MASTIC BEACH, N.Y. (CBS 2) — There is a new reality for local students, who are getting used to learning with less. CBS 2’s Jennifer McLogan found out about the impact that drastic budget cuts are having on Long Island.

By the skin of their teeth and a handful of votes, the William Floyd School District is able to provide full day kindergarten. However, anxious working parents have been put on notice. Full-day kindergarten and all after school programs may soon be a thing of the past across Long Island.

All 124 districts are reeling from a record island-wide loss of $206 million in state aid for this school year. William Floyd is not alone in eliminating 60 teaching positions.

Said Superintendent Dr. Paul Casciano: “we’ve already cut into muscle, we’re getting close to the bone,” referring to the cuts.

Casciano is using all his skills to make it work. There are now fewer teachers, bigger classes, shorter schedules, losses of course electives, career training, computer technology, art, music, sports. He even had to cut instrumental music for grades 3 through 5.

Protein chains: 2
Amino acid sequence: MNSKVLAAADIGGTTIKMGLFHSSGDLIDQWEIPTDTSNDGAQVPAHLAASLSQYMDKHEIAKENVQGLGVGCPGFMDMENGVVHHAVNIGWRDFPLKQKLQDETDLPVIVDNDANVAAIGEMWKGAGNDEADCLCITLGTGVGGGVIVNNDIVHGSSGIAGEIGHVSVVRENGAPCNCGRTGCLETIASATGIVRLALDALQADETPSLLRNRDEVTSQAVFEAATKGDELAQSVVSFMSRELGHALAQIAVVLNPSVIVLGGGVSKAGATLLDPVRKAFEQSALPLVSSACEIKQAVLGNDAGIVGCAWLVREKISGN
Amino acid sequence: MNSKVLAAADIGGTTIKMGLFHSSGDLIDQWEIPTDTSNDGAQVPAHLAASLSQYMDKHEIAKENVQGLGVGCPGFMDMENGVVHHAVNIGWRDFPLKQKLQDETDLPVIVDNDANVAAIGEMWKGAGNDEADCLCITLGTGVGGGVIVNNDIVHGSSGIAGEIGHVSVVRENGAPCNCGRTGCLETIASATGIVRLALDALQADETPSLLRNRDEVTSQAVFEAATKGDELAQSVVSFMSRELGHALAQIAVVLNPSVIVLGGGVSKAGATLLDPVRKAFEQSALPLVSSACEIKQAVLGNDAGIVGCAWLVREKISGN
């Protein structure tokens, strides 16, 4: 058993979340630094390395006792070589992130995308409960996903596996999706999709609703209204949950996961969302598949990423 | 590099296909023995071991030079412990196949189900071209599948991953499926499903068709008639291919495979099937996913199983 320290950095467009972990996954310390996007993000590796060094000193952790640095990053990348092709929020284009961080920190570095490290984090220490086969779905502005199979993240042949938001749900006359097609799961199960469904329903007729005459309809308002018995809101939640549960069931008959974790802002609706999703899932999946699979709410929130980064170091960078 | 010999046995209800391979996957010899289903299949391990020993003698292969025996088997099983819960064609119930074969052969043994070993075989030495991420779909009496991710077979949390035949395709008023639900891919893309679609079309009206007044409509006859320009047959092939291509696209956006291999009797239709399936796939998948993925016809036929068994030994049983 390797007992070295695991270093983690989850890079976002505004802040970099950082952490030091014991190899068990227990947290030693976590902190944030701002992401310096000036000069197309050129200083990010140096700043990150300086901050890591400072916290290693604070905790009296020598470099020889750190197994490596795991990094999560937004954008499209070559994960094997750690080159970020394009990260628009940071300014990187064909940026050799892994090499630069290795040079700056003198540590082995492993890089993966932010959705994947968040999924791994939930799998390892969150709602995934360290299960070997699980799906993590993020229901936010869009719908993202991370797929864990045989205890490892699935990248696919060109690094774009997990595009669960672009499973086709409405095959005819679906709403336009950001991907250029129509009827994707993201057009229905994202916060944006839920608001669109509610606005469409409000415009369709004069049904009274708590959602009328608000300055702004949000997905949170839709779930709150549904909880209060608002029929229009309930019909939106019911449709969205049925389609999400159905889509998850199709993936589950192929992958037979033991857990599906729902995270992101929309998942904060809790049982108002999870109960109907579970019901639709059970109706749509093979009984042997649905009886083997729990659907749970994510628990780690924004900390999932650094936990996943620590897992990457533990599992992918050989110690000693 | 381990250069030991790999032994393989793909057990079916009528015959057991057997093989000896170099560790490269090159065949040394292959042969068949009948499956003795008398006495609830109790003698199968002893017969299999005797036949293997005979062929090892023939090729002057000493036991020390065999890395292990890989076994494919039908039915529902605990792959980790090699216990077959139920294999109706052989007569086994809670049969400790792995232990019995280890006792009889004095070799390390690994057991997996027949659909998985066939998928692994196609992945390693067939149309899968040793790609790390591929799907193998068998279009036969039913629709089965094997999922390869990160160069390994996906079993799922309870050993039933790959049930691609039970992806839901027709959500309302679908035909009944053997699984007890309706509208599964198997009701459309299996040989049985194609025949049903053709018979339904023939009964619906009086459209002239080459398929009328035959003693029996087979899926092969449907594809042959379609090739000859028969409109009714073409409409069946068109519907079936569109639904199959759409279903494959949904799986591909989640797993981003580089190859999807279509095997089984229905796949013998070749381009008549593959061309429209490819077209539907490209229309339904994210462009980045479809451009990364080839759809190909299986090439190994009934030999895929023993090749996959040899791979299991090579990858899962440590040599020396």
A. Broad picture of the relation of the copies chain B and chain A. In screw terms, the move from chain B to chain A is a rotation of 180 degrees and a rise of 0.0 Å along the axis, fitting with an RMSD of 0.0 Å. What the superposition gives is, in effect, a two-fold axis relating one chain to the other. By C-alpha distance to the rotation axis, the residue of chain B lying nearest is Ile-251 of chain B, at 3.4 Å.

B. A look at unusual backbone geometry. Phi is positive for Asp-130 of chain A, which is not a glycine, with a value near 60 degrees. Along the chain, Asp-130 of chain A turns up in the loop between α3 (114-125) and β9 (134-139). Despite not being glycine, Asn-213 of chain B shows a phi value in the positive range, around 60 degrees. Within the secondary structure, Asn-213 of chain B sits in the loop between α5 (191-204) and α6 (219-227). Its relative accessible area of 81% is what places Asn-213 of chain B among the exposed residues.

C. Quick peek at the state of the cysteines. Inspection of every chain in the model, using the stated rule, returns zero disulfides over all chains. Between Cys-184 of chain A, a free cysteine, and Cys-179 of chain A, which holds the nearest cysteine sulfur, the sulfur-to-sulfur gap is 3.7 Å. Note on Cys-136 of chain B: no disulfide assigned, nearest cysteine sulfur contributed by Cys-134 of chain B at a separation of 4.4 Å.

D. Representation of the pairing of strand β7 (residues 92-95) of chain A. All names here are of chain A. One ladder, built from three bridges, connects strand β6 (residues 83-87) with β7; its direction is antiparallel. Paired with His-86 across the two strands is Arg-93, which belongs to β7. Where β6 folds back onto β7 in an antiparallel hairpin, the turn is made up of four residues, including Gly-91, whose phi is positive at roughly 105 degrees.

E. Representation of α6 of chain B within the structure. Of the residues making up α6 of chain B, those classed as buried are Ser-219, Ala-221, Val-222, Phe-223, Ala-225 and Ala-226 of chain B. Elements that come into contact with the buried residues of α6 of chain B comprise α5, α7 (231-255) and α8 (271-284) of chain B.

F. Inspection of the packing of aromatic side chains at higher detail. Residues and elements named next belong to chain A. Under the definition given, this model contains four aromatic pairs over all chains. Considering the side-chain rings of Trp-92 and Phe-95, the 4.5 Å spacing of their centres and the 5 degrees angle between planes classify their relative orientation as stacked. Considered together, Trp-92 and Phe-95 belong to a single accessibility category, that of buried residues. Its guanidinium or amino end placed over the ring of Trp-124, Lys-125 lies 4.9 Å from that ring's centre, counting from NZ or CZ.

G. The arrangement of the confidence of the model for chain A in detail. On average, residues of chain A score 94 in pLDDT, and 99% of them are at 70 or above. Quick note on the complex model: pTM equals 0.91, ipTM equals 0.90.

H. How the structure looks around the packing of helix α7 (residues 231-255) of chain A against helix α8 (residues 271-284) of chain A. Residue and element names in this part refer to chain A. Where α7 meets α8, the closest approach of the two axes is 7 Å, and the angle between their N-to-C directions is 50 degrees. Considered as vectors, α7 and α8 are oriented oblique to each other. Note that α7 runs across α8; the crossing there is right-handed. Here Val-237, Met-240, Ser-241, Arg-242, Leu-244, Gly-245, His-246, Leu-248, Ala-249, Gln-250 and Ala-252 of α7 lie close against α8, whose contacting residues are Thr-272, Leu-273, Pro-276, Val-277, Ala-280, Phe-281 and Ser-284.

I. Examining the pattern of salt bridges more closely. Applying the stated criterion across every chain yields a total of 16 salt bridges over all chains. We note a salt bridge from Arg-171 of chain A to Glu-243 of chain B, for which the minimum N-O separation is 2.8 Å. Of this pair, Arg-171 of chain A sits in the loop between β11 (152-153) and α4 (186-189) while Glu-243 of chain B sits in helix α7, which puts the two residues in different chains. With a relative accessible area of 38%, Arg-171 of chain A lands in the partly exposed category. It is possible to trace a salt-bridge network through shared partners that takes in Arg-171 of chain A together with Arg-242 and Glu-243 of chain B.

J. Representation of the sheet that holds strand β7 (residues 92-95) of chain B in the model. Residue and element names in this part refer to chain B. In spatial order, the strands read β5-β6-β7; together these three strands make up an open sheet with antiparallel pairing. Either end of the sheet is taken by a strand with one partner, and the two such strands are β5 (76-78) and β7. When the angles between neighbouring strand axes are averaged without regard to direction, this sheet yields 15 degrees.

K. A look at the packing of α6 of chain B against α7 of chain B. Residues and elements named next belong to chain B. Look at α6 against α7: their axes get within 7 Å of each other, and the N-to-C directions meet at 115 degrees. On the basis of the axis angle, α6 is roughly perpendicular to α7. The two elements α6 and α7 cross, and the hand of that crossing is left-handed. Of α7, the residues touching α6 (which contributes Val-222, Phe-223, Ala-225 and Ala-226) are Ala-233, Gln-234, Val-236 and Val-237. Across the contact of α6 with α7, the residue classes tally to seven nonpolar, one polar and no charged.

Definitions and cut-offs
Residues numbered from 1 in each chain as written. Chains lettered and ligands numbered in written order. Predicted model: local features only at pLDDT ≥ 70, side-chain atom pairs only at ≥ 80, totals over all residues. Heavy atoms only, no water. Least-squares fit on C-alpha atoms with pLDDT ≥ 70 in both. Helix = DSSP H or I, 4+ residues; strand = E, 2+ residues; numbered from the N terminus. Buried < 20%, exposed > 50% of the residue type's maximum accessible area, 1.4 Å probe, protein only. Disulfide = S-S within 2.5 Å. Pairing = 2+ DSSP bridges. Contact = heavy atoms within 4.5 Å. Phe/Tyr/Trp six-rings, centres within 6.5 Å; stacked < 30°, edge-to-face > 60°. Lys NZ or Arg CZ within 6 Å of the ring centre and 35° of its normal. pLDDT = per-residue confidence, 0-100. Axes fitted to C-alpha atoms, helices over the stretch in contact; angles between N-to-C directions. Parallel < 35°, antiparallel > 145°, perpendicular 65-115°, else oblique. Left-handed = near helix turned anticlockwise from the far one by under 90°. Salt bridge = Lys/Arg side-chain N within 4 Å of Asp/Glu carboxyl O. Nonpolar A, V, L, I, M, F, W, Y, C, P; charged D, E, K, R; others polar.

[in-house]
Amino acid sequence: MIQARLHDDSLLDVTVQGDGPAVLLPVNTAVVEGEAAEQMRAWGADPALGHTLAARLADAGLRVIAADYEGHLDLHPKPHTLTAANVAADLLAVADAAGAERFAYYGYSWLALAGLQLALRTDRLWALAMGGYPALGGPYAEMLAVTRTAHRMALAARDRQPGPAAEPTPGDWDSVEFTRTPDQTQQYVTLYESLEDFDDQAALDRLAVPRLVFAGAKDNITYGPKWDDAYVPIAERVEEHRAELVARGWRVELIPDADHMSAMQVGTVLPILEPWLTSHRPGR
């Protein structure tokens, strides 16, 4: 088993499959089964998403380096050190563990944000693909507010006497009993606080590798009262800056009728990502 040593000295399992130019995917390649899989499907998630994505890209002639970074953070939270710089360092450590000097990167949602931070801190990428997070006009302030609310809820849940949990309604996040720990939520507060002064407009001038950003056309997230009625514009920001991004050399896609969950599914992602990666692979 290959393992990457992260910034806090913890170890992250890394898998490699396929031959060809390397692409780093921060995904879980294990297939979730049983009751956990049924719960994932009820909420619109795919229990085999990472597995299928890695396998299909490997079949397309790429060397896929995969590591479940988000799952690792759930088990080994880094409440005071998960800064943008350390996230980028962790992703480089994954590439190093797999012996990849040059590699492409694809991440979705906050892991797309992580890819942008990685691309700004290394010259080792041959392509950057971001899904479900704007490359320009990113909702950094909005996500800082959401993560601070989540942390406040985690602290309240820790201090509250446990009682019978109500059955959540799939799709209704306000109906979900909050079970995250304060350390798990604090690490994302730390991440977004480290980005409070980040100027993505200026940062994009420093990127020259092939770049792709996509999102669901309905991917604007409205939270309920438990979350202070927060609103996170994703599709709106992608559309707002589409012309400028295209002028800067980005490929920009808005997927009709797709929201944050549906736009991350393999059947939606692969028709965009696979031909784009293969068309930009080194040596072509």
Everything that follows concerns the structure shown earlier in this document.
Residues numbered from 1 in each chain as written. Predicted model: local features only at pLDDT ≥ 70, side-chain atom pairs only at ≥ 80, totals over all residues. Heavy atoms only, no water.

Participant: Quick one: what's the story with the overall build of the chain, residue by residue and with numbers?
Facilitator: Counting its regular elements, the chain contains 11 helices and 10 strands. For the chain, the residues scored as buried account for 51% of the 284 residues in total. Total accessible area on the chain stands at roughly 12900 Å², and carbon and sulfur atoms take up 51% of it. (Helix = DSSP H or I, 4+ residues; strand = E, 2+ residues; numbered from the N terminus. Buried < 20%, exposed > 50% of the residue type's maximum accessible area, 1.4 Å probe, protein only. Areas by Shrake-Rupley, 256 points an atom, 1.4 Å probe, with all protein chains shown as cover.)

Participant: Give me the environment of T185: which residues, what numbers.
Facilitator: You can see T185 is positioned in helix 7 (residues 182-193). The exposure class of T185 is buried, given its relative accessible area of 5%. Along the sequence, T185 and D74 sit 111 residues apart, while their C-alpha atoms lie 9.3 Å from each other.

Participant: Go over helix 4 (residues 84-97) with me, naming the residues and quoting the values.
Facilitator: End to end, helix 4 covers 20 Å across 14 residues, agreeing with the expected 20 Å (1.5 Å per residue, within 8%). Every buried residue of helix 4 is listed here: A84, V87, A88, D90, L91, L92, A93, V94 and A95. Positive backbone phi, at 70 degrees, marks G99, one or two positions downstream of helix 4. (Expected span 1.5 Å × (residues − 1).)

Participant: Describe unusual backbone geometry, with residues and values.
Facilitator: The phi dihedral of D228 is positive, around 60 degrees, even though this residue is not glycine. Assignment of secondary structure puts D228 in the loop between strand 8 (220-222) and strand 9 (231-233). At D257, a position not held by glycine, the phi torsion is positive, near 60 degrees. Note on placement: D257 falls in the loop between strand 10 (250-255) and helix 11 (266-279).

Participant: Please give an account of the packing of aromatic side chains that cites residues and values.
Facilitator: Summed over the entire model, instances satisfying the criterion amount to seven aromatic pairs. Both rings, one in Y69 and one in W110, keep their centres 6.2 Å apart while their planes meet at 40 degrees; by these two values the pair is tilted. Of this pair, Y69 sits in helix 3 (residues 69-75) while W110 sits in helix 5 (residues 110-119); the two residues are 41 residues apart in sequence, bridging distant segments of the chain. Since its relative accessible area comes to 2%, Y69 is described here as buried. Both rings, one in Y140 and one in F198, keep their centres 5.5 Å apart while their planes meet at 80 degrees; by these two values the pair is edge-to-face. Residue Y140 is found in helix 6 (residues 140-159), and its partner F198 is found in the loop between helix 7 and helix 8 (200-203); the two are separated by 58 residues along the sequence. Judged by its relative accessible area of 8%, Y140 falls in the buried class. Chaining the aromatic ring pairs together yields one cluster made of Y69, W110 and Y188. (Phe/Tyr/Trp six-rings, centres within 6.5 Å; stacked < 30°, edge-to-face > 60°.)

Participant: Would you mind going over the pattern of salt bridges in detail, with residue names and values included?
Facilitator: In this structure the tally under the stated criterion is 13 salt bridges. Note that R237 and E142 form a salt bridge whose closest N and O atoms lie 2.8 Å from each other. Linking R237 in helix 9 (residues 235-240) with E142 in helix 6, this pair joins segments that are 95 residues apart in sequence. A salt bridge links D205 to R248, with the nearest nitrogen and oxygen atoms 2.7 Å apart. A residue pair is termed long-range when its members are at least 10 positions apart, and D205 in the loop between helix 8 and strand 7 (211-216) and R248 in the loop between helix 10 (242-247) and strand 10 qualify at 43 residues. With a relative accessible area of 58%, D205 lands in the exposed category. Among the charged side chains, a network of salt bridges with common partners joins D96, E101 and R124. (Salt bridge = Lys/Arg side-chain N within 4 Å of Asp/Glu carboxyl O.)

Ninth grade sports teams are out, merging with junior varsity. Some are too intimidated to even try out.

“It’s very hard because some kids get discouraged about whether they’re not going to make the team or whether they’re going to play or not,” 9th grader Anthony Romero told McLogan.

Locals in the area fear further downsizing. Next year, the state will clamp a 2 percent cap on property tax increases.

“It’s just scary. It just feels like our expectations for our students keep getting higher as the funds go lower,” William Floyd teacher Kim Bahr said.

The Long Island Education Coalition found cuts affect poor and middle-class communities like William Floyd to a greater extent, because the property tax base is lower.

“At the elementary school level, we had to get rid of all the clubs. A lot of the schools are trying to do funding on their own to try to give their kids back some of the things. But it’s very hard in this economy, all the parents are struggling financially,” said parent Lorraine Mentz.

Some veteran strategic planners say Long Islanders need to think seriously about consolidating school districts if they want to save money in the long run.

Do you think Long Island districts need to consolidate? Share your thoughts in the comments section…